Dead Head hopped up on a headstone and sat with his legs dangling, getting out of the way of the new growth Stesha was calling up. He looked down at the blooming flowers, then up and grinned at Stesha. "Guess that's somethin' you an' I got in common: we both work on things what come after the 'Big Events'."

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"I work the cemeteries as well," Stesha told him with a smile. "You might have seen my work this Memorial Day, I was out in force that week. It seems hardly fair that the older cemeteries get fewer flowers than the newer ones." She gestured with her hand and a trio of tulips rose in front of a grave, unfolding their petals into pretty orange cups. Plucking one, she sealed the bottom of the stem with the tips of her fingers and handed it to Dead Head. He looked like he needed one. "But you're right, I prefer working cleanup operations. I'm better than I used to be at actually mixing it up, but I prefer the aftermath, when the battle is done and we can set things right."

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Dead Head snapped his fingers, "I figured that was you what did all that work! Yeah, I saw, an' I was impressed! An' so was a lot'a the locals!"

He gently took the flower-cup and held it carefully in his hand, in part because he was not entirely sure what to do with it. "Y'know what else is a shame? The way cemeteries don't do headstones anymore. Least, not the public ones. Most states passed laws back in th' 60s sayin' graves could only have flat markers, not big headstones, so's to make it easier to mow the grass. I mean, a cemetery just loses a lot'a it's... whatchacallit... ambiance if it ain't got no tombstones!"

"But, yeah, that's jes' the way'a things, I s'pose," the zombie opined, "th' livin' fergettin' the' dead, the old makin' way fer th' new. An', in a way," he kicked off his boots and let his toes brush against the new grass, "that is how it should be, there should be a movin' on, fer both th' livin' an' th' dead. But they ought not ferget 'em, not entirely. Which is, y'know, my whole... thang. That's why Memorial Day's actually become my favorite holiday."

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Stesha paused to fill an old forgotten planter with bright hydrangea, the showy bursts of flowers spilling out over the sides. "I wish it were like they used to do it in, oh, I guess it was the 1800s or so, where the cemeteries were parks, and people went there for fun. They were the only green open spaces in the cities, so families would go and picnic there, children would play among the graves. I know cemeteries are places to have respect for the dead, but it seems like it's a shame to have places that are so beautiful be so sad. I don't know," she said, sitting back on her heels and looking up at him. "You have a unique perspective on it, what do you think?"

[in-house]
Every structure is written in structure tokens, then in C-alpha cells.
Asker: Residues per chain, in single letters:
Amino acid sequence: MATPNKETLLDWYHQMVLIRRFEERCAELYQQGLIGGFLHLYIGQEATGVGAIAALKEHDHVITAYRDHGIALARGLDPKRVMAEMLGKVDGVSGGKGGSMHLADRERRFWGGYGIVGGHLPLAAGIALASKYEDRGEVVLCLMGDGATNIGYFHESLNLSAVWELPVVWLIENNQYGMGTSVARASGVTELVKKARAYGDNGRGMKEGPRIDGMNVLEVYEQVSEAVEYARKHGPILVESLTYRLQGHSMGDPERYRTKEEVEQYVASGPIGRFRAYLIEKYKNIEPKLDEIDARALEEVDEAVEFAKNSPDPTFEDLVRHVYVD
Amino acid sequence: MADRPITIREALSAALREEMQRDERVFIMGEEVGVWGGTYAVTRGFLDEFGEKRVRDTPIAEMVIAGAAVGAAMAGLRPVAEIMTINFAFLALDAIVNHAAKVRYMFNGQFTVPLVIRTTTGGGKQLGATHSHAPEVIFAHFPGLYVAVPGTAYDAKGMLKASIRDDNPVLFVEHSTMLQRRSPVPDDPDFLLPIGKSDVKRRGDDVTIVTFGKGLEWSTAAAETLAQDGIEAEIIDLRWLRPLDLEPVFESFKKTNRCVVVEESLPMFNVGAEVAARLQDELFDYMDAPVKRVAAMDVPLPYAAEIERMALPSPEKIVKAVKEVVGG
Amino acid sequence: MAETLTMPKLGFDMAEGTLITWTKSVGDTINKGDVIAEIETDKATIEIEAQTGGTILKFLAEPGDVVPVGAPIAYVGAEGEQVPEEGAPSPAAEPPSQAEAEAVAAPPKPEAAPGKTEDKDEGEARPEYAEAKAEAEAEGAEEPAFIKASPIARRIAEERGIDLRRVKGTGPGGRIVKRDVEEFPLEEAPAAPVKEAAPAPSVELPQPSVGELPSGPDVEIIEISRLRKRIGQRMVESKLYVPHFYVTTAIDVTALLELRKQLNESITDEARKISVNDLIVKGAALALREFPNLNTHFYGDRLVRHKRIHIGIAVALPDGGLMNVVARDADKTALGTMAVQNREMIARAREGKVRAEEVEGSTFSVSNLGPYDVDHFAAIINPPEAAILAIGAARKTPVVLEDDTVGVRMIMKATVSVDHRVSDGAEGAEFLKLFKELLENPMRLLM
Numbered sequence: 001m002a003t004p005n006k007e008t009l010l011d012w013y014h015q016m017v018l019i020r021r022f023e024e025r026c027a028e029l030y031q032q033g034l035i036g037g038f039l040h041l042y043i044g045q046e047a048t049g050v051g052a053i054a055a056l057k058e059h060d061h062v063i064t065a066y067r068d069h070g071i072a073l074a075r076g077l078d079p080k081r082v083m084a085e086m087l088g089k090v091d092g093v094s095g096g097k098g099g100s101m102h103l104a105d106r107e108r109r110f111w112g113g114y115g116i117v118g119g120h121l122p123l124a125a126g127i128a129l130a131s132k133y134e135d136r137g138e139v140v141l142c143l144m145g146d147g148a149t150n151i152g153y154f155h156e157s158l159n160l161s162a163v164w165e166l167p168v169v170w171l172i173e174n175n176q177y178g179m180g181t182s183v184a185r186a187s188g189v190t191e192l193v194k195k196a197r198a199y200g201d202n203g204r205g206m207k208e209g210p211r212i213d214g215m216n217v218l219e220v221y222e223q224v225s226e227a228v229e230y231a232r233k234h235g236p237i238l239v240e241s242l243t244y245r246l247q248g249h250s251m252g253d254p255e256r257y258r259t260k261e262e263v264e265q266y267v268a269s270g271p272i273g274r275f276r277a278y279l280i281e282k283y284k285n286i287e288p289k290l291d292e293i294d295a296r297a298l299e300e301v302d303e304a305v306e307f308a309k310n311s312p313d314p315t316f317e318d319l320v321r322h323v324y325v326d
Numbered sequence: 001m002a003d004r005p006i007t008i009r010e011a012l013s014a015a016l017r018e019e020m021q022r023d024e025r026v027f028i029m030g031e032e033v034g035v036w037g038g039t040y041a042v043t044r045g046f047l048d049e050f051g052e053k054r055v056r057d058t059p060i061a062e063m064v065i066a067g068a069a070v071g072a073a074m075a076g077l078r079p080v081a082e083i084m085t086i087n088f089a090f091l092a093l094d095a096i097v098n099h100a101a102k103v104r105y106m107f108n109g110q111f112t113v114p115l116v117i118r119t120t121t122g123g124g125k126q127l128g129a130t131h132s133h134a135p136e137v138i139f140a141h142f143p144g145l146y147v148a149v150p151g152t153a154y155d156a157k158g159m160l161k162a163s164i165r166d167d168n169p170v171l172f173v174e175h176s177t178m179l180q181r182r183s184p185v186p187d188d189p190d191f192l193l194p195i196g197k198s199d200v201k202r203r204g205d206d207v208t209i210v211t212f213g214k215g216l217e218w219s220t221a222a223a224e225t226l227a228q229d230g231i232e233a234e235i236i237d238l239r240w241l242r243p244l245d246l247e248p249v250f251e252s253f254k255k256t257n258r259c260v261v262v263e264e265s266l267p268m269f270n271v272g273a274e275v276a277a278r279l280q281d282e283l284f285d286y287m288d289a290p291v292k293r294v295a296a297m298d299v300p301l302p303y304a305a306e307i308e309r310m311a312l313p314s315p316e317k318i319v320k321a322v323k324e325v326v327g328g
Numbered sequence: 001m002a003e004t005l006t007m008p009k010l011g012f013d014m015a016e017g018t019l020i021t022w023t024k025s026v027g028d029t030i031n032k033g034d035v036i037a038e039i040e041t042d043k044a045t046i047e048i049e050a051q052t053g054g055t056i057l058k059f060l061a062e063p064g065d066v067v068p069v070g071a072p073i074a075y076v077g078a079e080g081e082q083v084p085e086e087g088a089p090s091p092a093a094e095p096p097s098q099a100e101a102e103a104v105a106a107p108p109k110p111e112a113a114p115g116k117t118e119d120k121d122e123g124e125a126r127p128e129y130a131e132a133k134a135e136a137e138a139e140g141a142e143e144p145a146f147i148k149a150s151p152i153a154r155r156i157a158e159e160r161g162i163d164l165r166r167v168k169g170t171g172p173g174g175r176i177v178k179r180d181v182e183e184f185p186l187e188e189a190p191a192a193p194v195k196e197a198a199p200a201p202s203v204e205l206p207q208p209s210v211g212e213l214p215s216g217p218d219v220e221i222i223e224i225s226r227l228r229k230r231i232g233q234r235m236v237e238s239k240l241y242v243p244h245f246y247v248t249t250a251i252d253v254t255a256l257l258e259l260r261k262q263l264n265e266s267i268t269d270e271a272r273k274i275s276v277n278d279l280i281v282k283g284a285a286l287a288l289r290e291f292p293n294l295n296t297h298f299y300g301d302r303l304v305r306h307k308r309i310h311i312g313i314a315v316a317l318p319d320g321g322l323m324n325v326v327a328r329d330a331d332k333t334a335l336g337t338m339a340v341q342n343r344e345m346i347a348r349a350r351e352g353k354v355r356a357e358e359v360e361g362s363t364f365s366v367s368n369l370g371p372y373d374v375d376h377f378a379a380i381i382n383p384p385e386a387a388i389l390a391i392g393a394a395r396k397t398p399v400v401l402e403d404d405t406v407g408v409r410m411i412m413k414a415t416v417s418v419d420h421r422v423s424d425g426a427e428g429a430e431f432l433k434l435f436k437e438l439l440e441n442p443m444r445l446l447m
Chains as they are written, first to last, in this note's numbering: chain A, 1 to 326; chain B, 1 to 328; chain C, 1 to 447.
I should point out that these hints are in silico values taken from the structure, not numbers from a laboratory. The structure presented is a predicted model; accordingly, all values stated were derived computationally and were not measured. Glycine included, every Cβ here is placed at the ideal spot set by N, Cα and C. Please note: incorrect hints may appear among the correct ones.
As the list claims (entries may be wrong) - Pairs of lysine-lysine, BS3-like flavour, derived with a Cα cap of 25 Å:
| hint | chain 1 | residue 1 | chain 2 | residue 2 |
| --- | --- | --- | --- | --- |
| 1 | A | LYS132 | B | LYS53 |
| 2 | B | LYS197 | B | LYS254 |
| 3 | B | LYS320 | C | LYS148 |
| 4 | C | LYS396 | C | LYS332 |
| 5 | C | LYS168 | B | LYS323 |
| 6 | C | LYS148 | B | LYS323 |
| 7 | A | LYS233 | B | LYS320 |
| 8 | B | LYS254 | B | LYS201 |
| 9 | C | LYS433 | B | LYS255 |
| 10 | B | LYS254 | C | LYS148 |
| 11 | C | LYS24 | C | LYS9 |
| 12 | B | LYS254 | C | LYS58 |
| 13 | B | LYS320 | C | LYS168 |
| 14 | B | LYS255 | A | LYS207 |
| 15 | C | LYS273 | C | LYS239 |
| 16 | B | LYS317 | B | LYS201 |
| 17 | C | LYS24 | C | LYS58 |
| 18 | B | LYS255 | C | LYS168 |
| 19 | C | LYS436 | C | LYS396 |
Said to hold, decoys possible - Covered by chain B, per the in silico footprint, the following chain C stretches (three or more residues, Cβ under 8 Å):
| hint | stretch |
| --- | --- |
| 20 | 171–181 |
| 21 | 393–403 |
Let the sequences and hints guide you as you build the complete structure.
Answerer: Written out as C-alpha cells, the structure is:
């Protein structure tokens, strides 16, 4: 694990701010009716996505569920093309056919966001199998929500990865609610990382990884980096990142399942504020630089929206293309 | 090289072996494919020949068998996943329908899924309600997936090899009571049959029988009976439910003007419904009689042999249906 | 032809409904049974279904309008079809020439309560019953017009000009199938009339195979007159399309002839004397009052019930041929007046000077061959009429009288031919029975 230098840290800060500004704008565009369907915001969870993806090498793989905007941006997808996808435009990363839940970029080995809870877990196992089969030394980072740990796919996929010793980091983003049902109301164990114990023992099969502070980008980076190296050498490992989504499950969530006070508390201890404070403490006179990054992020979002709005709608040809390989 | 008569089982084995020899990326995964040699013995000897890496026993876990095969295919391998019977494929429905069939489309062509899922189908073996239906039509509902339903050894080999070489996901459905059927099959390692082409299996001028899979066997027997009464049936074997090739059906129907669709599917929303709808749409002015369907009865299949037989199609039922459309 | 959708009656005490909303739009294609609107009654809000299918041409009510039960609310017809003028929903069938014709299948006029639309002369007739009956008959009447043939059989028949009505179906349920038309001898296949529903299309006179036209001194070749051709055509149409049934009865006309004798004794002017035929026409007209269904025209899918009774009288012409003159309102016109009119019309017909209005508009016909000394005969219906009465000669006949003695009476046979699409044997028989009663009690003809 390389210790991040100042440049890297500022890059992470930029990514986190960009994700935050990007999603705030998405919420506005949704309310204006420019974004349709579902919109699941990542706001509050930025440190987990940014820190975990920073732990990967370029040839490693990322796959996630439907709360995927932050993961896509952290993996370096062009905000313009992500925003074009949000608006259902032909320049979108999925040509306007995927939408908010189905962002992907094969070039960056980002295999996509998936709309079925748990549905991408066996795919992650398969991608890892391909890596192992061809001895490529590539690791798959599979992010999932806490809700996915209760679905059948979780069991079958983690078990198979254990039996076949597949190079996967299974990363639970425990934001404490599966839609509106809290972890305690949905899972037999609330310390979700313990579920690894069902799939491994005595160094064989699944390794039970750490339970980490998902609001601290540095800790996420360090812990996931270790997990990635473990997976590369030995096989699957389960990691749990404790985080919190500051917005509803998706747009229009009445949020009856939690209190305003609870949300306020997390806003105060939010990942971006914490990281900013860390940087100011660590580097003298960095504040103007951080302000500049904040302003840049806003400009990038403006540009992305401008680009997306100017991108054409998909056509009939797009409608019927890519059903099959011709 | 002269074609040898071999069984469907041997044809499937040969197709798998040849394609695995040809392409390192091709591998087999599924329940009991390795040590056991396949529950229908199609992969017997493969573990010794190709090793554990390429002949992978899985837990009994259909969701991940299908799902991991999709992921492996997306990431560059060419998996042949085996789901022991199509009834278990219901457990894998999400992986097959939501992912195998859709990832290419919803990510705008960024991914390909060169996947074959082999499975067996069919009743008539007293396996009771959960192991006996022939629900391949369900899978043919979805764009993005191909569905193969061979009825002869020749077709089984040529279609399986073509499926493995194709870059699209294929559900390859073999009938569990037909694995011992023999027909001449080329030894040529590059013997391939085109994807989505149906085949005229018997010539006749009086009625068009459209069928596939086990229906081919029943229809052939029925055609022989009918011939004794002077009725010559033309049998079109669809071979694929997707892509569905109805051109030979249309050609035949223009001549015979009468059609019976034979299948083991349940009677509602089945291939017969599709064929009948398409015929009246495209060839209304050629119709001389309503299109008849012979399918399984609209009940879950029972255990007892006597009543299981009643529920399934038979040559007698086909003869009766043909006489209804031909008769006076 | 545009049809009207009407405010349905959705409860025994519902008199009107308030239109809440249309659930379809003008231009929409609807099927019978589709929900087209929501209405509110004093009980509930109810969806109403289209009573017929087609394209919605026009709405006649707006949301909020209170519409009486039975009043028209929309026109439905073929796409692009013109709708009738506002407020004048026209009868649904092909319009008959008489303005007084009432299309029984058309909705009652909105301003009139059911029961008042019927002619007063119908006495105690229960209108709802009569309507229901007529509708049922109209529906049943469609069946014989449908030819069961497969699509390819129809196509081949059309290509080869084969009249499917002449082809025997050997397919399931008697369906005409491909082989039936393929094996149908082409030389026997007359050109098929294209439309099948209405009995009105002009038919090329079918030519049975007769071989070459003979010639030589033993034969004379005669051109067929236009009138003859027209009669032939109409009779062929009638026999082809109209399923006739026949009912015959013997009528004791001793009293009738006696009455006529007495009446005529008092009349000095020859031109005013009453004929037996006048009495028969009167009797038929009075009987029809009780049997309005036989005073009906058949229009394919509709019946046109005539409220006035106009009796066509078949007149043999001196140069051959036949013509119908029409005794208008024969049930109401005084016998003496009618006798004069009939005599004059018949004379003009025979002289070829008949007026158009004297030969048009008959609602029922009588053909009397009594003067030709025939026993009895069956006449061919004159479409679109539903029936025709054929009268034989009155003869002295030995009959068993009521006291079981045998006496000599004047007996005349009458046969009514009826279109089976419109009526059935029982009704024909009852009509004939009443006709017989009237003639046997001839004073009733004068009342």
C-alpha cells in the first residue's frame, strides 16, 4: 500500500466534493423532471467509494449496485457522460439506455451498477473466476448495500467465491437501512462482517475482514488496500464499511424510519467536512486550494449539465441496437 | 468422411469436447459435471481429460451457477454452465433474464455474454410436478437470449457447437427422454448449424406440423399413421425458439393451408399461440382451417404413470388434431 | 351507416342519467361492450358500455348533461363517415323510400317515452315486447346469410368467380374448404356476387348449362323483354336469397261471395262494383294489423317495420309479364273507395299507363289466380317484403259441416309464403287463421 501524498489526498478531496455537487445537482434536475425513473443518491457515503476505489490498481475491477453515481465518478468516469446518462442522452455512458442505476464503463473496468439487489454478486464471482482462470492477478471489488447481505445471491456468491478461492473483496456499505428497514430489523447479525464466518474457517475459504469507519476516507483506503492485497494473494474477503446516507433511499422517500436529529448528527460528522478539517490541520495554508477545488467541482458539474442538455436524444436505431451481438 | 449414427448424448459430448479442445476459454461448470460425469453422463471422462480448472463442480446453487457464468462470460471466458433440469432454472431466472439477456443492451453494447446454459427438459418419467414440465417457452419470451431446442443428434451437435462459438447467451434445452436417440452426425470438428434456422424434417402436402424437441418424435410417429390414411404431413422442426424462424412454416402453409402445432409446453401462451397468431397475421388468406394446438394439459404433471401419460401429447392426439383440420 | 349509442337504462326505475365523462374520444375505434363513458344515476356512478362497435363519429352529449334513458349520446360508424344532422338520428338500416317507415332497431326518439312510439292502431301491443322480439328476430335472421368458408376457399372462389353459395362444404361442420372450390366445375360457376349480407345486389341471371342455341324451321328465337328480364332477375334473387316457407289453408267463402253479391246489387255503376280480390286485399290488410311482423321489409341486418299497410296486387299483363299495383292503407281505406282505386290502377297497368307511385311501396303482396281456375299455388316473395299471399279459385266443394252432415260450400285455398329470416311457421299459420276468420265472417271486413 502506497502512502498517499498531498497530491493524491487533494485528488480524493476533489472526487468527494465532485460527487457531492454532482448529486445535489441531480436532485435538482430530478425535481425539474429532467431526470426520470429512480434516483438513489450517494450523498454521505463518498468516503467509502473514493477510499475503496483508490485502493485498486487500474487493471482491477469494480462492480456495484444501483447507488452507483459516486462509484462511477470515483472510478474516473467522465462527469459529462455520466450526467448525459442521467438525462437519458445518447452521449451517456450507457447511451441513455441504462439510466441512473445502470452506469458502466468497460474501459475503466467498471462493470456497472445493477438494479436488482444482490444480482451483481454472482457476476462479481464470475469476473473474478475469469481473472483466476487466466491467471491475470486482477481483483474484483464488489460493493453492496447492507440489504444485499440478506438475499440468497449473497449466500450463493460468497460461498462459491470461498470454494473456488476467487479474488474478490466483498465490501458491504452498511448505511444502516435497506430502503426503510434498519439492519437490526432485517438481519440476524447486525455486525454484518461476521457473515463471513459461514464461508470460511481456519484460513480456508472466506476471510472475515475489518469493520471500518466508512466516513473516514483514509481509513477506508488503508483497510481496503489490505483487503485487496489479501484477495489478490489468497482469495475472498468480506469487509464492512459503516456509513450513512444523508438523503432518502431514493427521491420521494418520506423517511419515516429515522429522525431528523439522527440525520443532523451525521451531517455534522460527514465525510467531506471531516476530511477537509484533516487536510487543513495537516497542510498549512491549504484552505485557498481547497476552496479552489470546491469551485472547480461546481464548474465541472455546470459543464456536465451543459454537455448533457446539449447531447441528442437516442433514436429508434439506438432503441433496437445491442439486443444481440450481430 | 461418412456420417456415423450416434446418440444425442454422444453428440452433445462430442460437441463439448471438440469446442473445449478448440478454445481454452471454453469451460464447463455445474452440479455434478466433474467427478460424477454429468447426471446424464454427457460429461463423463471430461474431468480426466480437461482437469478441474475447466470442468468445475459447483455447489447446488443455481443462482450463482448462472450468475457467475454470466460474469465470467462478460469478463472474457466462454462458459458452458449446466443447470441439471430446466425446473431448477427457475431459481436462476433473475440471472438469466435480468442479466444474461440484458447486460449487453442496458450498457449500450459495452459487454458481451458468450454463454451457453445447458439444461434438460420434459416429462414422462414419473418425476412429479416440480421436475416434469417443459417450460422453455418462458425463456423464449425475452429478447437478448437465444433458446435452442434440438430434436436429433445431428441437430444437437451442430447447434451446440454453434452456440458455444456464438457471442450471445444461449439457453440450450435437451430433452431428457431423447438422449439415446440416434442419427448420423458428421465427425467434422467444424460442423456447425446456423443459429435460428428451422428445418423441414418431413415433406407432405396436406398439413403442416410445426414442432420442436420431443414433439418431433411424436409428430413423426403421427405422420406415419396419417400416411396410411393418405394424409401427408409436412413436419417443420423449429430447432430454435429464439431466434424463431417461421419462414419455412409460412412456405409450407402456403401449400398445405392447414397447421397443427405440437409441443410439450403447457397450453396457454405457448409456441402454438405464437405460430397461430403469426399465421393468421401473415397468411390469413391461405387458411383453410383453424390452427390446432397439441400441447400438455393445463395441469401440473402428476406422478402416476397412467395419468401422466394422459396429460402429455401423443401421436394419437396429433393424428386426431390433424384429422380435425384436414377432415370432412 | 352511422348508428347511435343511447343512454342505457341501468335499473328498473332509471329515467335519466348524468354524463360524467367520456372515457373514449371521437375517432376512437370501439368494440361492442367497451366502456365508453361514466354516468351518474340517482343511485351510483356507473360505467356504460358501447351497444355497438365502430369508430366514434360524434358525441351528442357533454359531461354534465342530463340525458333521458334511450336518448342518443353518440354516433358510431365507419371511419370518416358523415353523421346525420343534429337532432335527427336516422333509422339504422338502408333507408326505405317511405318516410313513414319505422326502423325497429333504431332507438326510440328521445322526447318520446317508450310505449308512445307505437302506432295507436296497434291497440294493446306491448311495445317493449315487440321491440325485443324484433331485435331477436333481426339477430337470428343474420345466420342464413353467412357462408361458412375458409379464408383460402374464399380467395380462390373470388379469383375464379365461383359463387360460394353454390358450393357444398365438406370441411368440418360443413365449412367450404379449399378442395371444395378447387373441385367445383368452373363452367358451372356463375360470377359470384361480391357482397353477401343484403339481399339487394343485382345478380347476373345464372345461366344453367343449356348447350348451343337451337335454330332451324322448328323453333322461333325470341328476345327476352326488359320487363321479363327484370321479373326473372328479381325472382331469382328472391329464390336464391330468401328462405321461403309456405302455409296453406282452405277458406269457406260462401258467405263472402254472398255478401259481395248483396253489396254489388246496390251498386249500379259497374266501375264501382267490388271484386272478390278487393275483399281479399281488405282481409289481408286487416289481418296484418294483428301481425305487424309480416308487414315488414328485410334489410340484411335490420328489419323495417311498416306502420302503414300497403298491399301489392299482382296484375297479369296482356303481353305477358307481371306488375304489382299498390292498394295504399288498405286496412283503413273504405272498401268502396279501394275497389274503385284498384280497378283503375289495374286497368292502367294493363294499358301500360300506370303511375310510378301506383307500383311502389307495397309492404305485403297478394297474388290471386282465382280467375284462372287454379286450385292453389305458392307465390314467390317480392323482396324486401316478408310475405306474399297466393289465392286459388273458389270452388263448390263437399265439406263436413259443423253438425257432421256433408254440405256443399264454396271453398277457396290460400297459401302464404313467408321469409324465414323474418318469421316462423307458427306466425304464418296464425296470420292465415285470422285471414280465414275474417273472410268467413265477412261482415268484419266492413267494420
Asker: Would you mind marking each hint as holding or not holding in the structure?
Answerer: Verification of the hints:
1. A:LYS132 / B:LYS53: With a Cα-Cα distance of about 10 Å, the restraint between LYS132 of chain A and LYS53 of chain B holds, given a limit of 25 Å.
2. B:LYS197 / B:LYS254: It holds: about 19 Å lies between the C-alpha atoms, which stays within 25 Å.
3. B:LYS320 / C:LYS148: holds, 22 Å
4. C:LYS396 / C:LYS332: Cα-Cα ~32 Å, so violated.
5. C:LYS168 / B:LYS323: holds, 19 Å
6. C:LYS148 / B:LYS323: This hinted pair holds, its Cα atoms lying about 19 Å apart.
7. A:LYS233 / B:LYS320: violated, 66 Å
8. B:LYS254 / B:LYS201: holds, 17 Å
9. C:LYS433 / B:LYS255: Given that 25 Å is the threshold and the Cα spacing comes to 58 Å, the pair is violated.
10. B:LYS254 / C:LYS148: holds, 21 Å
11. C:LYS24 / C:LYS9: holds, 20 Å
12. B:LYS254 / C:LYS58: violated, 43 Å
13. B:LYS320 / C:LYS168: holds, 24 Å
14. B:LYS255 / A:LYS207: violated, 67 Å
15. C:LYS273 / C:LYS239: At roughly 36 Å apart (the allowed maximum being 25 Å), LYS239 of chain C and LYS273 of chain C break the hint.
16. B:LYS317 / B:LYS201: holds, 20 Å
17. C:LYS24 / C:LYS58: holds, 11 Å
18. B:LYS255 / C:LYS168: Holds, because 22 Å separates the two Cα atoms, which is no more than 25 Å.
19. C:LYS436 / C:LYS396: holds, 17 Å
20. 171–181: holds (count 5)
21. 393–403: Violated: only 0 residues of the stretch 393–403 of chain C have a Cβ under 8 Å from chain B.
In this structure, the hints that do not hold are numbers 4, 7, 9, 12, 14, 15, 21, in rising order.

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Dead Head laughed slapped his thigh, "that does sound like a great thin'! Lil' kids runnin' around, seein' where their great-great-grandfolks is stayin', bringin' some joy to the place. I mean," he paused and cocked his head slightly, "assumin' the kids are respectful, they don't run around knockin' over stuff or spraypaintin' the headstones."

"But, guess that kinda attitude's gone tha way'a Queen Victoria." The zombie sounded a tad saddened, but quickly perked back up, "I mean, there was huge interest in tha Dead back then, spirit mediums an' seances an' such. Ya don't see much interest in that nowadays, 'cept in horror movies, or that 'reality' show. Whatsitcalled... Ghost Facers."

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"I don't watch much reality TV," Stesha replied with a smile. "I don't like to watch people being horrible to each other. Well, except Bridezillas," she admitted. "I watch that sometimes just to make myself feel better over some of the bitchy women I have to deal with. You know," she said, changing subjects as she stood up, "I know some freegans who seem to be pretty good at finding the right dumpsters for decent clothes. I could get in touch with them if you want, maybe give you some leads on better places to get clothes?" She didn't want to insult Dead Head, but the truth was that he looked pretty ucky to start with, and the dirty, falling-apart clothes didn't help. "I mean, if that's what you want to do. Is living out here," she waved a vague hand around the cemetery and the nighttime streets, "how you prefer it?"

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Dead Head actually shuddered at the mention of Bridezillas, "man, I saw an ep'a that once at Jack an' Taylor's. An' they say I'm scary! I'd rather face Malador and a mess'a demons than some'a them gals!"

The zombie chuckled again when the top changed to clothing and housing. "Clothin's easy ta come by, I just need ta remember ta go by an' replace ma outfits more often. An' bein' out here does make it easier fer me ta' tend ta the ones what need help. An' puttin' aside tha legal issue of me ownin' property, what woudl I need a home fer? I don't sleep, I don't eat -- not even... well.... y'know..." He winked at Fleur, "An' cold an' heat don't bother me none. Knowin' me, all I'd do if I had a real place'a my own is sit around an' watch tv all day, or try an' use that world wahd web thing."